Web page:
A dog charity based in Lincolnshire and Nottinghamshire is warning dog owners to take care when walking their pets in woodland due to seasonal canine illness (SCI).
SCI, a mystery illness which can cause dogs in severe pain and even death, has been found in people’s pets in the Lincolnshire area.
In Lincoln this year, two residents have said their dogs became ill and unfortunately passed away after being walked in a wooded area around the region.
There have been some anecdotal reports on woodland just outside of Lincoln also causing illness in dogs.
As previously reported, owners have taken their dogs on walks to forest areas like Sherwood Forest and Clumber Park, but within 48 hours of the walk dogs have fallen ill.
Symptoms come on quickly, and include vomiting, lethargy and a loss of appetite.
Jerry Green Dog Rescue, based in Broughton and Boston, asks dog owners to take extra care now over 50 cases of SCI have been reported in the UK.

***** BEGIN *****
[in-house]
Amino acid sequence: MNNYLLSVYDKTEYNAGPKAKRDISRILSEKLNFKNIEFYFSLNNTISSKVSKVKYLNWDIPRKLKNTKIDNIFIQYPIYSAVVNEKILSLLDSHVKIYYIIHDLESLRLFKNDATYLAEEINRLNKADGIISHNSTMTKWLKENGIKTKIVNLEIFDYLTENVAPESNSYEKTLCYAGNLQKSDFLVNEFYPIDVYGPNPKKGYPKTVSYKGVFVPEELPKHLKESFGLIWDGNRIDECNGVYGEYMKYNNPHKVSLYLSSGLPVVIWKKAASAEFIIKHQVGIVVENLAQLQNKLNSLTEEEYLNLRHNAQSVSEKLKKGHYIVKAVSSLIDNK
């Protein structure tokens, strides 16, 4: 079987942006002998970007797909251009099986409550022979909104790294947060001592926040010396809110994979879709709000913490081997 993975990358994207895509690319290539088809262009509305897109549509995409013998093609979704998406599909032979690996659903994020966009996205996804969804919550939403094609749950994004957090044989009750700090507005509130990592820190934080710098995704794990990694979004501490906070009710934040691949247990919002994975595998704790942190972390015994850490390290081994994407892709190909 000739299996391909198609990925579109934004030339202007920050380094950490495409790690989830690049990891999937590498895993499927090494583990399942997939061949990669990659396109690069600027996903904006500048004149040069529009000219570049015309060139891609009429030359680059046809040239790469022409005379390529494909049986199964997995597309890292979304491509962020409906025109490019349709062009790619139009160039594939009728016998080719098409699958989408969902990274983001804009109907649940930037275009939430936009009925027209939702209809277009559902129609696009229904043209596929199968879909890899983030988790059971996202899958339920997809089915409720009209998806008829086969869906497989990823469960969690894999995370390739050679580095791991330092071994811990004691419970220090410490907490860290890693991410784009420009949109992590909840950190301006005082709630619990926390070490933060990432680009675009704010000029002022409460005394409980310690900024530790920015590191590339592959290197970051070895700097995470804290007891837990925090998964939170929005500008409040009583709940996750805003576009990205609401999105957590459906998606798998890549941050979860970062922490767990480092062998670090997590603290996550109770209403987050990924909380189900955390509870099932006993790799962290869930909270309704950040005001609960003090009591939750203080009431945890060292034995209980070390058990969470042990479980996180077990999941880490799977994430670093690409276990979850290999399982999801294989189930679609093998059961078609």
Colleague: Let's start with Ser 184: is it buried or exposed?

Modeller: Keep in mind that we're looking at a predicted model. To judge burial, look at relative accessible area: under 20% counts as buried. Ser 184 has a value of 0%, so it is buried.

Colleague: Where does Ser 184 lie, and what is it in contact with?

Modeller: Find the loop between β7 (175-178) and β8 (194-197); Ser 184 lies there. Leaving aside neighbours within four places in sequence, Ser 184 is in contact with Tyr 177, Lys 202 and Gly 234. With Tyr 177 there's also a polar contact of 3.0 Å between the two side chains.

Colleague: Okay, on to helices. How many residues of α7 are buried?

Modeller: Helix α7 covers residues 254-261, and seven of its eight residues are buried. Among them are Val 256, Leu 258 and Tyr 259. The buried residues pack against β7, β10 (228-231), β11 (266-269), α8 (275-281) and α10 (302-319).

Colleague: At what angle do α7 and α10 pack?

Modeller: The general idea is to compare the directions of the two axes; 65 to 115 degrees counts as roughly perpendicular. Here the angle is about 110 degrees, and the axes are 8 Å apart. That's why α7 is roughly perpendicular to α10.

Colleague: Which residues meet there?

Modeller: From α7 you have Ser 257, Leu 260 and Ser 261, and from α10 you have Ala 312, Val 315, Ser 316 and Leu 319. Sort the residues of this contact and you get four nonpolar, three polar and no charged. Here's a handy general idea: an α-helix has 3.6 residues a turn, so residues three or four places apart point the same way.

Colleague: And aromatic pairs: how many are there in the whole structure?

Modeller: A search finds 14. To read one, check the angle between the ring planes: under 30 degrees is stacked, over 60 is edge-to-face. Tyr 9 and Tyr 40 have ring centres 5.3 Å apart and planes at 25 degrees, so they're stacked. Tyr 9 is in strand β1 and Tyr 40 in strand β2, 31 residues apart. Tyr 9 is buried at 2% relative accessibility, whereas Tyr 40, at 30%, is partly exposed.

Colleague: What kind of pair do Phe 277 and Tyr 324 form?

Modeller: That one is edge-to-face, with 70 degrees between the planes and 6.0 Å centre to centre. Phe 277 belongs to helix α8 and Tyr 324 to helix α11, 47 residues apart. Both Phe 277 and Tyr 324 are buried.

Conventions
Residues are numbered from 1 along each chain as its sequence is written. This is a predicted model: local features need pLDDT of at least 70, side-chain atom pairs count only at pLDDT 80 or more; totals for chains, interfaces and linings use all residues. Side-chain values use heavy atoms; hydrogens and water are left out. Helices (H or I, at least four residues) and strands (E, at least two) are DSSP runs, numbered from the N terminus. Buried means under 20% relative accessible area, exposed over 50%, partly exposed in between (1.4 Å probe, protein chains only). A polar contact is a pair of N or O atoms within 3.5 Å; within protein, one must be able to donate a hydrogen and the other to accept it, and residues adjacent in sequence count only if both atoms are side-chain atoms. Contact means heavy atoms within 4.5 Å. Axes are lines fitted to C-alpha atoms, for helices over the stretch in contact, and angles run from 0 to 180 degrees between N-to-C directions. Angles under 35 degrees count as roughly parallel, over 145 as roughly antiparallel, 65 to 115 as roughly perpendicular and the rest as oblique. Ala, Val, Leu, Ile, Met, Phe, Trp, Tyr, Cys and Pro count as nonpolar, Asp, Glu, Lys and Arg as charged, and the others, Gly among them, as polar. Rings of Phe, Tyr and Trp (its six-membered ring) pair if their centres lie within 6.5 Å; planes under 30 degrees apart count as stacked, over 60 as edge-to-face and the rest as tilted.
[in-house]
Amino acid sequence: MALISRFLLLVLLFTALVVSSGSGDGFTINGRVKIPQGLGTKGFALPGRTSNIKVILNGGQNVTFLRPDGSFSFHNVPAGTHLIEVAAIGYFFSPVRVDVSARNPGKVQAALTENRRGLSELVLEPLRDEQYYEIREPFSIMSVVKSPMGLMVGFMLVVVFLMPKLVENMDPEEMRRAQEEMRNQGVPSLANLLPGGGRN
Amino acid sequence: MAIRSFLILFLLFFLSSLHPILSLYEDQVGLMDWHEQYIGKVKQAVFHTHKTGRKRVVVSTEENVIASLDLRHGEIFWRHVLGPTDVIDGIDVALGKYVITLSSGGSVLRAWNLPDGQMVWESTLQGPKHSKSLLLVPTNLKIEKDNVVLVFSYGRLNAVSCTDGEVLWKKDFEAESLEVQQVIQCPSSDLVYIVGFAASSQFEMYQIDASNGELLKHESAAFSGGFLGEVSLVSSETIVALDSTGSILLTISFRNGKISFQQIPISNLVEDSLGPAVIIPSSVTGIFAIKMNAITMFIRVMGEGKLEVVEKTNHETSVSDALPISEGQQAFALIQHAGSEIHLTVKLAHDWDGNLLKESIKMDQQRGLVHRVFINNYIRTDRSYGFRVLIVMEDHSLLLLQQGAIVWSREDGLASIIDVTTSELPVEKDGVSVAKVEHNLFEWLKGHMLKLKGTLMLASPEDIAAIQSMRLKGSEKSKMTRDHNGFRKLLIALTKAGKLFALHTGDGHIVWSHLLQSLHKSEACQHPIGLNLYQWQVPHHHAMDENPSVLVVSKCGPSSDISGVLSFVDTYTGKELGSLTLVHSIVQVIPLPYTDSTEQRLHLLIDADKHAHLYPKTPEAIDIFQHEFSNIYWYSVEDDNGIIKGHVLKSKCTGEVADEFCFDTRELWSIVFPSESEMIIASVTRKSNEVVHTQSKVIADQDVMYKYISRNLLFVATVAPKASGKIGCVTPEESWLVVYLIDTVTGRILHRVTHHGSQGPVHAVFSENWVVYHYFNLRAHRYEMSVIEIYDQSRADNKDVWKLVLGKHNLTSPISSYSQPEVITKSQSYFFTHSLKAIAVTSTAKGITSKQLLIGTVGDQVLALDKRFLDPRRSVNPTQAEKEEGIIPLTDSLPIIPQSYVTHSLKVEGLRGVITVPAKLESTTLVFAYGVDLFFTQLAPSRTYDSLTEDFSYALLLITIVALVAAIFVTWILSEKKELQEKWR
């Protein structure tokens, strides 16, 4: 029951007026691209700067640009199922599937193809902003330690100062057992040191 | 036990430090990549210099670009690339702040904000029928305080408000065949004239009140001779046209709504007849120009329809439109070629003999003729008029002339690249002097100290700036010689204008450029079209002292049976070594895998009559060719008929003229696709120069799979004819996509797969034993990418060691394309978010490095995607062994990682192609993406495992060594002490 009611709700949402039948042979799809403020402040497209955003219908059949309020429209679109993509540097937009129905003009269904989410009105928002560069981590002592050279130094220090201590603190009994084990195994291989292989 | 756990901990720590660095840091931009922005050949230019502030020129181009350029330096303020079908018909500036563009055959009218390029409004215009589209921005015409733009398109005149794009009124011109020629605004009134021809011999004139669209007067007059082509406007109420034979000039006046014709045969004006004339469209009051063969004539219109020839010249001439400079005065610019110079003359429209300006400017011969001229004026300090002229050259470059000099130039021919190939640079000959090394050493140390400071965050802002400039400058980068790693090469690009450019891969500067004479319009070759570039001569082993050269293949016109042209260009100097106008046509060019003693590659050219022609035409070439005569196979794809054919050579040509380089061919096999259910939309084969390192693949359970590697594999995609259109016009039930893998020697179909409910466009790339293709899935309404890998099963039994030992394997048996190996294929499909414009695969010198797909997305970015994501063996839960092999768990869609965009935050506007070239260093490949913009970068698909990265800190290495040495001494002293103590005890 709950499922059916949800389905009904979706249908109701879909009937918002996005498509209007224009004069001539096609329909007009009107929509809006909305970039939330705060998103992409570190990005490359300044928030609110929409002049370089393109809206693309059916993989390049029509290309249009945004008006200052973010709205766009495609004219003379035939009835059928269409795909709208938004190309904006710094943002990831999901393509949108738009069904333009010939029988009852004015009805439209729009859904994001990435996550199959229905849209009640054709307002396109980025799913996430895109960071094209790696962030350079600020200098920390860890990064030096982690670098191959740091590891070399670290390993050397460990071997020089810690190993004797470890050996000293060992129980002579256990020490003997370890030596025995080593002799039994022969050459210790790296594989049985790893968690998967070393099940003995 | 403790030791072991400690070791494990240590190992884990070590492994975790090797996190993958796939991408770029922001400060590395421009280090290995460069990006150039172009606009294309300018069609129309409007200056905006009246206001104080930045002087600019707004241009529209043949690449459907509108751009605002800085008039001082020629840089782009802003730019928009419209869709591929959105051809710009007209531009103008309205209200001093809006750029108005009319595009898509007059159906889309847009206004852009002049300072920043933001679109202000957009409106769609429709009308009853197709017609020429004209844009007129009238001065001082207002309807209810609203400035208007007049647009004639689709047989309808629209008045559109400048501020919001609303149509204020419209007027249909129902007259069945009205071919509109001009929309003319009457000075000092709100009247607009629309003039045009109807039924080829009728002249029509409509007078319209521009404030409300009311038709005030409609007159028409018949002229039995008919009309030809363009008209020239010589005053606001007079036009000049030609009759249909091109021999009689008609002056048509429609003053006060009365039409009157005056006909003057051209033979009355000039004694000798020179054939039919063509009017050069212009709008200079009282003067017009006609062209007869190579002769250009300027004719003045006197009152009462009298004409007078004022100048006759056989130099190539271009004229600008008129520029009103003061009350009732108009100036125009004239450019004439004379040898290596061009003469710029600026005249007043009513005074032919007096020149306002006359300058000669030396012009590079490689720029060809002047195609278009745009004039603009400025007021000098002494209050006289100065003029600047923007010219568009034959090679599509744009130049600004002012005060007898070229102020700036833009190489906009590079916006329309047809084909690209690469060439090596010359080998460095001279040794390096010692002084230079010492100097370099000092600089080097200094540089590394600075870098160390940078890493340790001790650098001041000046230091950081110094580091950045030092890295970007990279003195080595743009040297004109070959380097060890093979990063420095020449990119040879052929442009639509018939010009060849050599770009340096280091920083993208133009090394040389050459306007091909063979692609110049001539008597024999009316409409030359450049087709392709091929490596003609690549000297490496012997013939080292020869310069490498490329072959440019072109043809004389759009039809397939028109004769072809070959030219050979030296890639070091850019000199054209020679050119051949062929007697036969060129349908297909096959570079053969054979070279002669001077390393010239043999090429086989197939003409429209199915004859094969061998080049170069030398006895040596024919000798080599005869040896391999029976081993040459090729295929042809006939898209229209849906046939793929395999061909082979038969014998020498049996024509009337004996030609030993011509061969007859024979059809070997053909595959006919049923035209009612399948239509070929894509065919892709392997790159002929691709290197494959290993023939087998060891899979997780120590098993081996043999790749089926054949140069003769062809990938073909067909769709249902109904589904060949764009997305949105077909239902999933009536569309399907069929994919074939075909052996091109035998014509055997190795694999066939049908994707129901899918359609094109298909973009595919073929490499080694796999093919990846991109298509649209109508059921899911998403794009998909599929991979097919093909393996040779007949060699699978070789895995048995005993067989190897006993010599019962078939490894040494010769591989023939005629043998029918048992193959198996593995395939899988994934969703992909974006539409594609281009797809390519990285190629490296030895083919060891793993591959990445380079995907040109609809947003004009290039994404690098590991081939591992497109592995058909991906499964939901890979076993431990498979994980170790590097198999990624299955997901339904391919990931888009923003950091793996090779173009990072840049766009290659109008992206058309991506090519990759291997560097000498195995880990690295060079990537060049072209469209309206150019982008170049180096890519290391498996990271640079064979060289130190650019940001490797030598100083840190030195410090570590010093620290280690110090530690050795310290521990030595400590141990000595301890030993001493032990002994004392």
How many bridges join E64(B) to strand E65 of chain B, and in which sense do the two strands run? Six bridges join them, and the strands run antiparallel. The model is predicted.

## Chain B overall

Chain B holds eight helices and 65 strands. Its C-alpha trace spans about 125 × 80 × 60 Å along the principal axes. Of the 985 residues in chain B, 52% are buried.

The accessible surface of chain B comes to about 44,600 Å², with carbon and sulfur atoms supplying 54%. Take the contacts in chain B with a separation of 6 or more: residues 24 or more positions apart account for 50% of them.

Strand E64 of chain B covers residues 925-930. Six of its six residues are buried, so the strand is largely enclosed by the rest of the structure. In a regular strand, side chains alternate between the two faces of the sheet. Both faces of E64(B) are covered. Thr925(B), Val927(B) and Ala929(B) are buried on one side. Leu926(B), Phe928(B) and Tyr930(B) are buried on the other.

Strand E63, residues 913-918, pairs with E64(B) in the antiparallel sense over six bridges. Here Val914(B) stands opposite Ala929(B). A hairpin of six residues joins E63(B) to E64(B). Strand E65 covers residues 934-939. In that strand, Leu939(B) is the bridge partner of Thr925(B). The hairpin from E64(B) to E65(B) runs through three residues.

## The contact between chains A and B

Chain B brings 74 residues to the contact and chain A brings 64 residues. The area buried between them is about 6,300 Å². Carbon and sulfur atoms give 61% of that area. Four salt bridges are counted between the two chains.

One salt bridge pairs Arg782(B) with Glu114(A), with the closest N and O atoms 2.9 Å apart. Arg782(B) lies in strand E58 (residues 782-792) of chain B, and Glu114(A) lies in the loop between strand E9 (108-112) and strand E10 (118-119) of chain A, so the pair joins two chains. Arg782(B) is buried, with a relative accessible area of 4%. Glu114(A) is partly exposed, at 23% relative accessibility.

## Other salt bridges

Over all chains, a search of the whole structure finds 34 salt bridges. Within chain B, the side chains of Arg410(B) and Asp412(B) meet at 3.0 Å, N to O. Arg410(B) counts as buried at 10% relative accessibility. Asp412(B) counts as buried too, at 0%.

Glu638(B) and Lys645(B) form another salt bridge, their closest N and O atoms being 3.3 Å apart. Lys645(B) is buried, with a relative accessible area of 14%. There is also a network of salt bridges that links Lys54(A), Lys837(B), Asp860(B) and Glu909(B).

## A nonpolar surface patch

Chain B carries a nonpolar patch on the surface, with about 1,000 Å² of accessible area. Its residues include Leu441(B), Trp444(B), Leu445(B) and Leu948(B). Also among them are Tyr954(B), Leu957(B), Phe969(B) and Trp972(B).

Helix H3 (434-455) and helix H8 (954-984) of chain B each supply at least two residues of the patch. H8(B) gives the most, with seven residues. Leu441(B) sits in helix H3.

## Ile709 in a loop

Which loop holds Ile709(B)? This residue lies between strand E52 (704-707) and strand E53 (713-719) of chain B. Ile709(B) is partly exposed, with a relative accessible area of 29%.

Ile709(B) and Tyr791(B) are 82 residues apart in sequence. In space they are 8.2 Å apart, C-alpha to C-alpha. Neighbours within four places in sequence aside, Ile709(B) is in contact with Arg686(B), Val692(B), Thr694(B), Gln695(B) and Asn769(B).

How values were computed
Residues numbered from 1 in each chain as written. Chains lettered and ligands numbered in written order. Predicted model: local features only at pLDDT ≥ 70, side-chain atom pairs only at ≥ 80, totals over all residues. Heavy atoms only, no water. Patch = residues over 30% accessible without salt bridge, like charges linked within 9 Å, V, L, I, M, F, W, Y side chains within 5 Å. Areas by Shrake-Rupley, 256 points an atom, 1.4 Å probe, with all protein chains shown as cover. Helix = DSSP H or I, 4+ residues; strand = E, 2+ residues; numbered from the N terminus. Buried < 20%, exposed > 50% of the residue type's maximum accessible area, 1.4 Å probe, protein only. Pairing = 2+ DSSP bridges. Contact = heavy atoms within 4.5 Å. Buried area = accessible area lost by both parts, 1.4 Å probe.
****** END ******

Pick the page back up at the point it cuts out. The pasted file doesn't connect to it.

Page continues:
The charity also urges dog owners to be on the lookout for symptoms, and to try and avoid walking their dog in woodland for the time being.
Jerry Green Dog Rescue said they’ve received a large number of reports of SCI to their centre in Nottinghamshire.
The Animal Health Trust is working closely with vets and the Forestry Commission to research into the strange illness, which could be linked to Harvest Mites.
Since August this year, in a study site around Nottinghamshire, the Animal Health Trust (AHT) had 24 cases of SCI, with some coming from the Lincolnshire area.
AHT research indicates that the illness could be linked to a form of mite infestation, as a number of national cases reported have shown evidence of Harvest mites.
The health trust would like owners who walk their dogs in affected areas to fill out a short questionnaire to help with research.
Angela Salisbury, Head of Operations at Jerry Green Dog Rescue, said: “At the moment it is unclear what exactly is causing the illness, so it is very important that you keep an eye on your pet in the hours following a walk and make immediate contact with your vet if you have any concerns.
“There are no preventative measures but all the evidence shows that if dogs get veterinary treatment quickly then they tend to recover within seven to 10 days.”